Friday, January 29, 2016

Shades of Gray

We’ve had plenty of snow the last few weeks.  The teasers are over and real winter has arrived.

Hills around the township lie pristine under pillows of snow untouched even by animal tracks.

Orchards are blanketed in this snowy white beauty too.

A lone tree stands as a sentinel over a field, stark against the gray sky.

While all my images were shot in color, they appear almost monochromatic.

Even at the Lakeshore, shades of gray predominate.

But on rare occasion, like today, the skies part and welcome in some blue sky. Moments like these help us better tolerate the winter grays.

Saturday, January 23, 2016

Snowy Owl Redux

On my way home from town Thursday afternoon, I spied a Snowy Owl atop a stone chimney.  While I often carry my photography gear with me, on this particular afternoon, I only had my iPhone. 

There's a saying among photographers that the best camera is the one you have with you.  I clicked away but knew I wouldn't be satisfied with just iPhone images, as evidenced by the above photograph.  Hoping that the owl would stay put, I raced home for my good camera and long lens and raced back.

And luck was with me!  The Snowy had remained perched atop the chimney!  I could see this owl, like the one I'd photographed last week, was a female because of its prominent bands of black.  I didn't think it was the same as last week's bird, however, because the bands on its forehead were longer, giving it the appearance of having bangs.

As I photographed this beautiful bird, I did a double take when I noticed this Snowy Owl appeared to have white eyes instead of the typical yellow eyes I've seen on other Snowies.  Is that what I was seeing?  Or could this owl be blind?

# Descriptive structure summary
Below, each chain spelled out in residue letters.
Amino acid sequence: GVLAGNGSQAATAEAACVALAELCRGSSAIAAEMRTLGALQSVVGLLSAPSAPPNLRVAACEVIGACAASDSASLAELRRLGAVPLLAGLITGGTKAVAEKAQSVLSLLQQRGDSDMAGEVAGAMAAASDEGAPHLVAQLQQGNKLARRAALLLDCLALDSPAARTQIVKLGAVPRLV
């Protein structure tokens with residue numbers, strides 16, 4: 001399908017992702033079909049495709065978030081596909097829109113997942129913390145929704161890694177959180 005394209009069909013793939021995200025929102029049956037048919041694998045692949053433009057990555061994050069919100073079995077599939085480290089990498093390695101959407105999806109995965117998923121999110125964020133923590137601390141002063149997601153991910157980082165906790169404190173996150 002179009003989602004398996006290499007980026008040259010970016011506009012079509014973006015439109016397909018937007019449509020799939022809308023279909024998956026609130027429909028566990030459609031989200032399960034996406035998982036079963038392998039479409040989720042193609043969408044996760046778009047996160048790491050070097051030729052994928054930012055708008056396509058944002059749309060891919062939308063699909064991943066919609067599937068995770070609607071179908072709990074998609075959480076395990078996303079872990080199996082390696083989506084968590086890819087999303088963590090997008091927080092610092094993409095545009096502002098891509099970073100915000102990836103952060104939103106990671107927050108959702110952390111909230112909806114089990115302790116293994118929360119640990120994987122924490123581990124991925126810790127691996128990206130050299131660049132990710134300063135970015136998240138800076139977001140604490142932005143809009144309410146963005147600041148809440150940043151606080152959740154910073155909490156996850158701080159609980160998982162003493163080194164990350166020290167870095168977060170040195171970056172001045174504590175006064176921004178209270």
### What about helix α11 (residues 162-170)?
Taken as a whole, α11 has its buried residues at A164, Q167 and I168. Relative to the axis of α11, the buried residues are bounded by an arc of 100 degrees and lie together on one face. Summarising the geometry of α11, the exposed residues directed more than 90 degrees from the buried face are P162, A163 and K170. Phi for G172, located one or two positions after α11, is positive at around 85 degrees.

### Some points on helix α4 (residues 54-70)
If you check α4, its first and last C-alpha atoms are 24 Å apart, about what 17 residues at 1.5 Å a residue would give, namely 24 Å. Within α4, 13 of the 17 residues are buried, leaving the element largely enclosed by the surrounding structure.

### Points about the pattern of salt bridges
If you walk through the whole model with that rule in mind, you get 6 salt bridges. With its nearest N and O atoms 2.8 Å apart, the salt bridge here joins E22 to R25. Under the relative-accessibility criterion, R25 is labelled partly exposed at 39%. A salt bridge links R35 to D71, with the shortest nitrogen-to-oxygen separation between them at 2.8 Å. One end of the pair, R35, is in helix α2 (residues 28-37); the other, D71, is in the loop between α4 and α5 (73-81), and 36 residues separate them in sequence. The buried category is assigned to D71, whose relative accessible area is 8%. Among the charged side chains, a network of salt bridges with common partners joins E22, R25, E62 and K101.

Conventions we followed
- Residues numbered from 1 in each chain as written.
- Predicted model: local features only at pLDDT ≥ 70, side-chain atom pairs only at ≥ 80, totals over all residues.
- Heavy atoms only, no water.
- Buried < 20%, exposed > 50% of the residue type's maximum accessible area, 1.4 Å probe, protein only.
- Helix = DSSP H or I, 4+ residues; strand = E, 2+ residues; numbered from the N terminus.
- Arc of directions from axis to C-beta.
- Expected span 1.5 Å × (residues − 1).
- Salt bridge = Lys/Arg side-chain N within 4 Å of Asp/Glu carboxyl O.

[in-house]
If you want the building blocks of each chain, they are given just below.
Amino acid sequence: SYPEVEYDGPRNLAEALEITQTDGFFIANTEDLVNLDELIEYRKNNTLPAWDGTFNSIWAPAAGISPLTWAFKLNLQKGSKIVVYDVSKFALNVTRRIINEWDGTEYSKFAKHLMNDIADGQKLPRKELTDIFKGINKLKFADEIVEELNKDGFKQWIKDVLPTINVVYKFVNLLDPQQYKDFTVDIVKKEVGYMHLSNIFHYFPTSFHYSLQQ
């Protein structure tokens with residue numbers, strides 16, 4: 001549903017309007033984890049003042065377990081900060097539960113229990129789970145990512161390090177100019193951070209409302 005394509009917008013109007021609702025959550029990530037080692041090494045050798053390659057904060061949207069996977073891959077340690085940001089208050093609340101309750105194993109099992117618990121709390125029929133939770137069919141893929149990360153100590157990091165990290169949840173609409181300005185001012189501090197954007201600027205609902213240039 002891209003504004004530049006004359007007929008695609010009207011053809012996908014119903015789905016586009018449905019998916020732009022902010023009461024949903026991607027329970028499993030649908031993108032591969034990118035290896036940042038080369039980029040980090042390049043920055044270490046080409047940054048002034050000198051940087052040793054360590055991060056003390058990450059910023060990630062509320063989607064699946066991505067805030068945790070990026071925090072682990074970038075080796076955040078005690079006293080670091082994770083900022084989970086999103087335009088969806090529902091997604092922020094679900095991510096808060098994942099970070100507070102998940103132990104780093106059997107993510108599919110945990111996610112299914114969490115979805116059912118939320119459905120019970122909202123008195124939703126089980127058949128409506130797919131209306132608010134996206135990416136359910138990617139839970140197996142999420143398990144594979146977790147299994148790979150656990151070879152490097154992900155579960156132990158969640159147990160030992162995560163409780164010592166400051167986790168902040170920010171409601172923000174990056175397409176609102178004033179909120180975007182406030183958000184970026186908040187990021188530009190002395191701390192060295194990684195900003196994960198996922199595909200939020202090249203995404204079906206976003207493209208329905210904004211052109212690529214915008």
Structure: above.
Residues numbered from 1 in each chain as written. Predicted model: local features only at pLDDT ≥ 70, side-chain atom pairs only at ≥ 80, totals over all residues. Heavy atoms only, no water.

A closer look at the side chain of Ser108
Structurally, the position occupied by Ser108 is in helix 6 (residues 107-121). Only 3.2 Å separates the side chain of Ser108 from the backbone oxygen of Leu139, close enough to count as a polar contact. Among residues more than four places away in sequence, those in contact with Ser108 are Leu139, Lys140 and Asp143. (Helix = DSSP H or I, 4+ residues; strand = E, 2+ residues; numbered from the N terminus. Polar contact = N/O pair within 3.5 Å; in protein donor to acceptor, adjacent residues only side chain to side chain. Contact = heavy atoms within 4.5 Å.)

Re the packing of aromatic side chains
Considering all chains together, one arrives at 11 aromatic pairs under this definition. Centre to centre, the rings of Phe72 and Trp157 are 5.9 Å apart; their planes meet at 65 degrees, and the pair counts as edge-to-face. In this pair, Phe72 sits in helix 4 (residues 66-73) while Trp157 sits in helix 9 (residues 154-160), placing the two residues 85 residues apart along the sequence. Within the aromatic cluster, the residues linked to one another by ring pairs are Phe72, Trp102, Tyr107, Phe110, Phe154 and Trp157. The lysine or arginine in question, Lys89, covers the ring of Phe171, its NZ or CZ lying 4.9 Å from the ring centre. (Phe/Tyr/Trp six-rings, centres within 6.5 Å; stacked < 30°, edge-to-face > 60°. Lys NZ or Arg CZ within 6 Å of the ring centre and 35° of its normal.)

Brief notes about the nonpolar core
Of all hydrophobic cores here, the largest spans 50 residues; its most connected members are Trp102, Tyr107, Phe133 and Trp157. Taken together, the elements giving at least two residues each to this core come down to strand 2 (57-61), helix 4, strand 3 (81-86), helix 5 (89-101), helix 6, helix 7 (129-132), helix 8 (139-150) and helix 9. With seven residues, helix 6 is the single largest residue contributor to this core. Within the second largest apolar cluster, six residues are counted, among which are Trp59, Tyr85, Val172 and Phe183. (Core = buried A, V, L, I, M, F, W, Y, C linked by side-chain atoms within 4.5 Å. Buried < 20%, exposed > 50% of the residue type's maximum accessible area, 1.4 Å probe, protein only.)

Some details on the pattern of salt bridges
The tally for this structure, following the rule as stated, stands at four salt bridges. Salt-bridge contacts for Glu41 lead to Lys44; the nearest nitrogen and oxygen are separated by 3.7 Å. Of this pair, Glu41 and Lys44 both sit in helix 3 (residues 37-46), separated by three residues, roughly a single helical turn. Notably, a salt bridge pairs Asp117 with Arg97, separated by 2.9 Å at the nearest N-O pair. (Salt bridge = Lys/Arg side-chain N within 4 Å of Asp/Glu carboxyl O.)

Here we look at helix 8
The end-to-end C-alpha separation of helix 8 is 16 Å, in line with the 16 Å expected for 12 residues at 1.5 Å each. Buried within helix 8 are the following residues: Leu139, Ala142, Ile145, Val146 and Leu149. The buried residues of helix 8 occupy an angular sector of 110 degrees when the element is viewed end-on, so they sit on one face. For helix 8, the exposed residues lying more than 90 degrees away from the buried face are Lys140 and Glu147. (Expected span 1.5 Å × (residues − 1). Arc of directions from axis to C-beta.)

I zoomed in closer and confirmed that this owl's eye really did appear to be white.  Was it asleep?  But I didn't think it was blind or asleep because it regularly swiveled its head from side to side as it does when looking for prey.  There had to be a better explanation, and that sent me to the web for answers.

I learned that besides having upper and lower eyelids, Snowy Owls have a third transparent eyelid which keeps their eyes moist.  Additionally, these eyelids act as a shade from sunlight.  That's important because Snowy Owls are one of the few owl species that hunt in the daytime.  These owls may close their eyes half-way to block out the extra light, giving the appearance that they are sleepy or half asleep, when they are wide awake and alert.

A few times, the Snowy ruffled its feathers.  In this image, the bird fluffed its upper wing feathers.  I thought it might take flight, but it stayed put.

In the end, the Snowy fully opened its piercing yellow eyes and stared down at me.  I always feel lucky when I get to see a Snowy Owl during the winter months.  My luck extends when I'm able to get off some good shots of the bird.  But how lucky can I get to have photographed a beautiful Snowy Owl twice in the space of eight days!

Saturday, January 16, 2016

In Search of the Snowy Owl

Every winter I am on the prowl for the Snowy Owl.  With cold temperatures starting so late this winter, I wondered if they would be coming to our area.  I was out photographing some snowscapes that resulted from the two winter storms we'd had the last week when my luck turned.

 I had taken back roads home and I happened to look up and see this huge snowy owl at the top of a large tree right next to the road.  It was facing away from me, but I could tell it was the largest Snowy I'd seen, probably a female from its size and markings.

I had my long lens with me and rolled down my window to begin shooting.  I didn't dare get out of the car to set up my tripod because I feared I'd scare her off.  She was looking in my general direction, but didn't appear to see me.

I snapped away as the owl swiveled its head from one side to the other watching for small pray that might be darting across the open fields below.

It was starring straight out above my head, but didn't seem to see me.  At least at first.

Then it looked right down at me.  I knew it had seen me, but I wasn't sure how it would react.  Would it stay on its perch or would it fly off?

It narrowed those yellow eyes into a squint, as if assessing the situation.  Was this human toting that long lens a danger or not?